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UL Certifies Proprietary Design with Fire-Retardant-Treated Wood

UL recently tested and promulgated a listing for a new two-hour load bearing wood-frame wall assembly containing pressure impregnated fire-retardant-treated wood (FRTW), a move that makes it quicker and easier for building officials to approve plans for Type III construction.

The new fire resistive listing, UL Design No. V314, is the first fire-resistance rated bearing wall assembly to be tested by UL with FRTW. The design calls for the use of Pyro-Guard® FRT lumber and plywood. A product of Hoover Treated Wood Products, Pyro-Guard lumber and plywood is widely used for weather protected applications in buildings of Type I, II, and III construction.

UL has allowed FRTW to be substitute for untreated wood in their fire-resistance listings for wood-frame wall assemblies for many years. However, UL had not tested FRTW in any of these assemblies. Therefore, there were no specific listings for FRTW wood-frame assemblies at UL.  In order to use these wood-frame assemblies in noncombustible types of construction, designers must modify the assemblies by specifying substitution of FRTW studs and FRTW plywood for the untreated wood studs and sheathing in the UL listing.

Saving Steps

UL Design No. V314, approved in 2015, makes those modifications unnecessary. Dave Bueche, marketing manager for Hoover, says the listing saves specifiers time during the design process and building officials a step during the approval process.

“That’s part of why this is unique,” Bueche says. “There’s an assembly that has fire-retardant-treated wood in it, and now [designers] don’t have to go through the process. And generally, when a building official or fire official sees a UL design, they accept it readily.”

Matthew Schumann, UL’s industry manager for fire resistance and fire containment, agrees that the listing speeds up approvals.

“If you have a UL design with everything specified,” he says, “Hoover can say, ‘Here is the test system,’ and the designer can say, ‘Here is what we want to use.’ It gets quicker approval.”

An architect who specifies a tested design but modifies it by substituting other fire retardant-treated wood for an original material, on the other hand, could “raise a red flag” that “could make somebody tear the wall out,” Schumann notes.

Preventing Fires

UL’s listing of the proprietary design with FRTW mean architects will continue to specify wood for more—and somewhat taller—residential buildings. Because Section 602.3 of the IBC allows FRTW in exterior wall assemblies in lieu of noncombustible materials—when the required fire-resistance rating of the wall is two hours or fewer—many buildings constructed entirely of wood can be just as large and as high as noncombustible buildings.

Untreated wood naturally has a limited, built-in fire resistance because of its moisture content. In the early stages of a fire, wood actually strengthens as the heat depletes that moisture. Also, because wood is an effective insulator, heat on its surface—even if it chars the surface—transfers to its core slowly, giving a building’s occupants some time to evacuate and firefighters some time to quench the fire.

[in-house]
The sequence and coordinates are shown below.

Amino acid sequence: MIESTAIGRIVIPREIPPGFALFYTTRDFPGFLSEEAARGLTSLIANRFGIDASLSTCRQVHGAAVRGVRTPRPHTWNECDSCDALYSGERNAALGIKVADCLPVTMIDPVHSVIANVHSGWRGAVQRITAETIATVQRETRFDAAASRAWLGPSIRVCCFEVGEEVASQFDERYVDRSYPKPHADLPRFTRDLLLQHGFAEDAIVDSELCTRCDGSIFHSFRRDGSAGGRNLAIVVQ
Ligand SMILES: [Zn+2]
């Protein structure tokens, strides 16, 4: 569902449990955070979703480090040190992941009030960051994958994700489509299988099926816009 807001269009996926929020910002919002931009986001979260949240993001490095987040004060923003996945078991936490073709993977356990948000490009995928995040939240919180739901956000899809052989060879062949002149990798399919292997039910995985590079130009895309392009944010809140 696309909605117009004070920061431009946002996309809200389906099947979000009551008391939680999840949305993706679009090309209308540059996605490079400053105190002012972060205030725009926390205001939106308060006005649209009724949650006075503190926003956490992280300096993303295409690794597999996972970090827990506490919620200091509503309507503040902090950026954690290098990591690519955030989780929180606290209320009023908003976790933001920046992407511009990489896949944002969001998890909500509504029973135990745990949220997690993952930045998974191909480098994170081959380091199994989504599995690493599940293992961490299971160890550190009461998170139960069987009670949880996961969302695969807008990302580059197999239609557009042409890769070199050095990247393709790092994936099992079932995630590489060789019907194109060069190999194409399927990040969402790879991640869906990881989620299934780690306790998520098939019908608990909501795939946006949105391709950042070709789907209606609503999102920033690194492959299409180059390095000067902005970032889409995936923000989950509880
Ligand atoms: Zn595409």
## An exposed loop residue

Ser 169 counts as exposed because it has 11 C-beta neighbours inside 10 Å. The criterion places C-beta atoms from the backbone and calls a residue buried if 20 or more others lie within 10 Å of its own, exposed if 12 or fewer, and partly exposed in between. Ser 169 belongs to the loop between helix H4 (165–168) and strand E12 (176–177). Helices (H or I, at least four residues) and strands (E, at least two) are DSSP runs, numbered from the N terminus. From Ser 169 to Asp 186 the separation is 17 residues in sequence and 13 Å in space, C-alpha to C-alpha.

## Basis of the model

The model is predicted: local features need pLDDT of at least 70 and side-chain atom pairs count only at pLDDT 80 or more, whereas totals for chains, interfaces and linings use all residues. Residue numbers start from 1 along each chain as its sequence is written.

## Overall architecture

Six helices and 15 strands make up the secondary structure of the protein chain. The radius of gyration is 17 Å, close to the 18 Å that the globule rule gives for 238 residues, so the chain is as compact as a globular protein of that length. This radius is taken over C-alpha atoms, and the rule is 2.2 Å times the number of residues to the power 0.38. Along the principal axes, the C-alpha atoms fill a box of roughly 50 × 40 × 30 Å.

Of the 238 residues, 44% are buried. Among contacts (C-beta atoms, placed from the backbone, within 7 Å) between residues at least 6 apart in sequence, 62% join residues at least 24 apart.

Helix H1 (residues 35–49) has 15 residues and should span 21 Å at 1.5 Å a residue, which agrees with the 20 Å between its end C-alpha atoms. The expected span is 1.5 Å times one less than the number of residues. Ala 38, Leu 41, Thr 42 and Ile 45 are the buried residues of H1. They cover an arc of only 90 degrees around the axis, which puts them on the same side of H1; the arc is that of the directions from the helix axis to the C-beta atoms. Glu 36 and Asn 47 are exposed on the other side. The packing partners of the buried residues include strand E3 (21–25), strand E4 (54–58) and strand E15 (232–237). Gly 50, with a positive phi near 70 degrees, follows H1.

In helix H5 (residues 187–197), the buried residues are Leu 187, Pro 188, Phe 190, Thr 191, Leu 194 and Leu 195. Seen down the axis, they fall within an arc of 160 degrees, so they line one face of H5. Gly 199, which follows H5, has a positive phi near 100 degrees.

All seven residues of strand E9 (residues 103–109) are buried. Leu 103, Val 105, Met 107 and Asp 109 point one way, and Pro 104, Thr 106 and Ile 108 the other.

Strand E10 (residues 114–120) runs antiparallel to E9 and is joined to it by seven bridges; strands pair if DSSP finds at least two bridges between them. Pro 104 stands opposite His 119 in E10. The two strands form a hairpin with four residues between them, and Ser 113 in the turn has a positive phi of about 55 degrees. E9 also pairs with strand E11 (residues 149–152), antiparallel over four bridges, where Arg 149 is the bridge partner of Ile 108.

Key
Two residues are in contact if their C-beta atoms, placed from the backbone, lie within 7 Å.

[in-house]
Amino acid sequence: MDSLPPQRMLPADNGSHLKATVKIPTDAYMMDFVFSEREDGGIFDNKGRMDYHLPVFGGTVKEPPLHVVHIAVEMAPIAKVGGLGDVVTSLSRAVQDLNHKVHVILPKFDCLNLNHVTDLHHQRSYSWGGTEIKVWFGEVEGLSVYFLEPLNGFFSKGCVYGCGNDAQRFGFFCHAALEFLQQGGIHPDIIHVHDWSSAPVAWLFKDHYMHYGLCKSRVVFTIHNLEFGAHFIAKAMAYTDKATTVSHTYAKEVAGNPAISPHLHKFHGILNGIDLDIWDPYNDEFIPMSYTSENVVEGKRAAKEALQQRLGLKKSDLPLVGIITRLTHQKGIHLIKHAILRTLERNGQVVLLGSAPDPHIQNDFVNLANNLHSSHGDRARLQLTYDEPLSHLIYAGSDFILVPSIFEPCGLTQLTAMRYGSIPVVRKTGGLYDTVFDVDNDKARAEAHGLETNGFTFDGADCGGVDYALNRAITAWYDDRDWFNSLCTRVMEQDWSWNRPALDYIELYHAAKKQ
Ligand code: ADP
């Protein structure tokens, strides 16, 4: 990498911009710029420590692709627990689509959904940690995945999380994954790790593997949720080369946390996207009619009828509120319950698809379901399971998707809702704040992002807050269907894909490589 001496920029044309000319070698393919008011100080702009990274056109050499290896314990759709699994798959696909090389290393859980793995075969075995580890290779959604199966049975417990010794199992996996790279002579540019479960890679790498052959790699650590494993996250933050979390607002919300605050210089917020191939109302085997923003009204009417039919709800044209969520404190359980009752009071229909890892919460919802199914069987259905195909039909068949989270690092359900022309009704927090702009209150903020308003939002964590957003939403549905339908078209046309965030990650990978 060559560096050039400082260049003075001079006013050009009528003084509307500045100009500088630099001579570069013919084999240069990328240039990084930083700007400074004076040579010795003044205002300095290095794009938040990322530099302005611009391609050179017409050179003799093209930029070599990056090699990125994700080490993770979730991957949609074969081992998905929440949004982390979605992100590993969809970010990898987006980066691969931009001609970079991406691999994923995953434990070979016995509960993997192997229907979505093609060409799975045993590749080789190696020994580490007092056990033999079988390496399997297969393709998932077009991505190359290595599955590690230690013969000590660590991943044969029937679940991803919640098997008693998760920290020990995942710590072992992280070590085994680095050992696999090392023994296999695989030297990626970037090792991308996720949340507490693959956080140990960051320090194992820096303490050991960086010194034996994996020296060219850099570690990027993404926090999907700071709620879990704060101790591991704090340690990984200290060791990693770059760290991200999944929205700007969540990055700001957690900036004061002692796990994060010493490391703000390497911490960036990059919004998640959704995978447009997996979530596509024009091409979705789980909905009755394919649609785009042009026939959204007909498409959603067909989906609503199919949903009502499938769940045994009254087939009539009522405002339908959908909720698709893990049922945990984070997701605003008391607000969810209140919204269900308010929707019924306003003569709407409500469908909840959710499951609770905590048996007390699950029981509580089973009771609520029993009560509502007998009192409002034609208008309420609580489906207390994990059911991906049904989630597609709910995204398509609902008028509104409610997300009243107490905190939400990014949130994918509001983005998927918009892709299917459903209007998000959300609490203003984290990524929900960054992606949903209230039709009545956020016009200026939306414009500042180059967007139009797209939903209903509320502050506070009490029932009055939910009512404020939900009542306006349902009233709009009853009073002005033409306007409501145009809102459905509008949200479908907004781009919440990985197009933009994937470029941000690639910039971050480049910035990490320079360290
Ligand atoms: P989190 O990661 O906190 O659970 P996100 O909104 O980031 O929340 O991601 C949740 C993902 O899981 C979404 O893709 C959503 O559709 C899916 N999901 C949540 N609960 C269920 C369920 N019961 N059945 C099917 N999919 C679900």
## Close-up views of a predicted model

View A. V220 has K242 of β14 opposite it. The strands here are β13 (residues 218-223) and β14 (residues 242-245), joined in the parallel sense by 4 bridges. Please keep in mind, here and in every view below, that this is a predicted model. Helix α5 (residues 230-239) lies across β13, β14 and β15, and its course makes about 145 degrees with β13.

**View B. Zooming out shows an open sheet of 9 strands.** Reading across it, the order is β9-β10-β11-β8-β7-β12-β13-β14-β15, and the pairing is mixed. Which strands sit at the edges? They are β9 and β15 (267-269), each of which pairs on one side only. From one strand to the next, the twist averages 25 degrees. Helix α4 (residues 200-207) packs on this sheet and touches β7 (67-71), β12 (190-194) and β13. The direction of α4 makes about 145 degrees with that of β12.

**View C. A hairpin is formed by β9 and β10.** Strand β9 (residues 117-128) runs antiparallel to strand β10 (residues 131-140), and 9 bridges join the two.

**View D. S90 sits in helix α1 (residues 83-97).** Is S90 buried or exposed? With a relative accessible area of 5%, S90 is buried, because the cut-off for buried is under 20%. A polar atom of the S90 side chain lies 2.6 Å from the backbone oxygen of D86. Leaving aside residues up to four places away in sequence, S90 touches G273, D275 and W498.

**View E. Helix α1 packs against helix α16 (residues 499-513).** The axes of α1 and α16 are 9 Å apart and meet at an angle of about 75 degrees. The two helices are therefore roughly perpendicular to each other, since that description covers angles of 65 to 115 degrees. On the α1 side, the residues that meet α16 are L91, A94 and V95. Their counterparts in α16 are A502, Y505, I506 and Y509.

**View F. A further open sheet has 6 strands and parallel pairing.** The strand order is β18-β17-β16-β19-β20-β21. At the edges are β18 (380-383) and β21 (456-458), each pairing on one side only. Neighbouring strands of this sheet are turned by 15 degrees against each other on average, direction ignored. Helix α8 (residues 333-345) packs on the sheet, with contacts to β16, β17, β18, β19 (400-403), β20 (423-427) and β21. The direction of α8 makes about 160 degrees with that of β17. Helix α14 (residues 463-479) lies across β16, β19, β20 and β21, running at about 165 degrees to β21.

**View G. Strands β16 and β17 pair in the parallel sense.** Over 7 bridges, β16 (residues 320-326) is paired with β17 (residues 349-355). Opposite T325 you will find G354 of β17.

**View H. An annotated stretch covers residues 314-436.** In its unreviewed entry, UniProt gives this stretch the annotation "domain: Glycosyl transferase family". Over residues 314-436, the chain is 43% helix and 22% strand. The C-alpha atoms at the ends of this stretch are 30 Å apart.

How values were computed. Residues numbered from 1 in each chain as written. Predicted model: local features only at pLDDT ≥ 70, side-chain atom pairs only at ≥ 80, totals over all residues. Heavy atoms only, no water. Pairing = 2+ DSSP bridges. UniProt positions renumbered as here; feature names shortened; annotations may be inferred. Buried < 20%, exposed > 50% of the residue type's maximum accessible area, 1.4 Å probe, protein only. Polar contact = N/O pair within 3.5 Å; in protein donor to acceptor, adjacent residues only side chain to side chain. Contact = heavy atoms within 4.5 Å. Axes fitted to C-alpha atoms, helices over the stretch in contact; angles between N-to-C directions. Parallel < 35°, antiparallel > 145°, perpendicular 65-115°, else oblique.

Once a fire-retardant treatment like Pyro-Guard is added, however, wood maintains its structural integrity and burns at an even slower rate and will not spread the fire from one part of a building to another. And once the heat source is removed, pressure impregnated fire-retardant-treated wood will extinguish itself.

IBC Section 2303.2 requires FRTW to have a flame spread index of 25 or less—a measure of a building material’s surface burning characteristics in a 10 minute test—and to show no significant progressive combustion during an extended ASTME E84 or UL 723 test that lasts an additional 20 minutes for a total test duration of 30 minutes.

Common Choice

UL updated V314 in late 2016 to include fiberglass insulation in the assembly. The original design was limited to mineral wool insulation, which is still allowed.

According to Bueche, contractor’s use of fiberglass insulation in the V314 assembly has become “pretty commonplace” in the few months since its addition to the listing.

“There’s an immediate savings for the systems that have already been designed” if the specifiers switch from mineral wool to fiberglass insulation before building, Bueche says. “From the point of view of contractors, this is a much less-expensive system than others out there [that use costlier noncombustible materials], so they are quite enthusiastic about it. The design professionals see it as a simple solution for their needs, so they’re very enthusiastic about it as well.”

Schumann says that reaction is not unexpected, saying most new UL designs often result from innovations by manufacturers hoping to fill a hole in the market. “They know that people may be doing certain things in the field during their construction process, and they develop a process or design to solve that problem.”

Schumann expects to see other UL testing of assemblies using FRTW for other parts of a building—besides exterior walls. “There’s potential in three to five years that we will see 10 more designs with the same premise as this, but used elsewhere in the building.”




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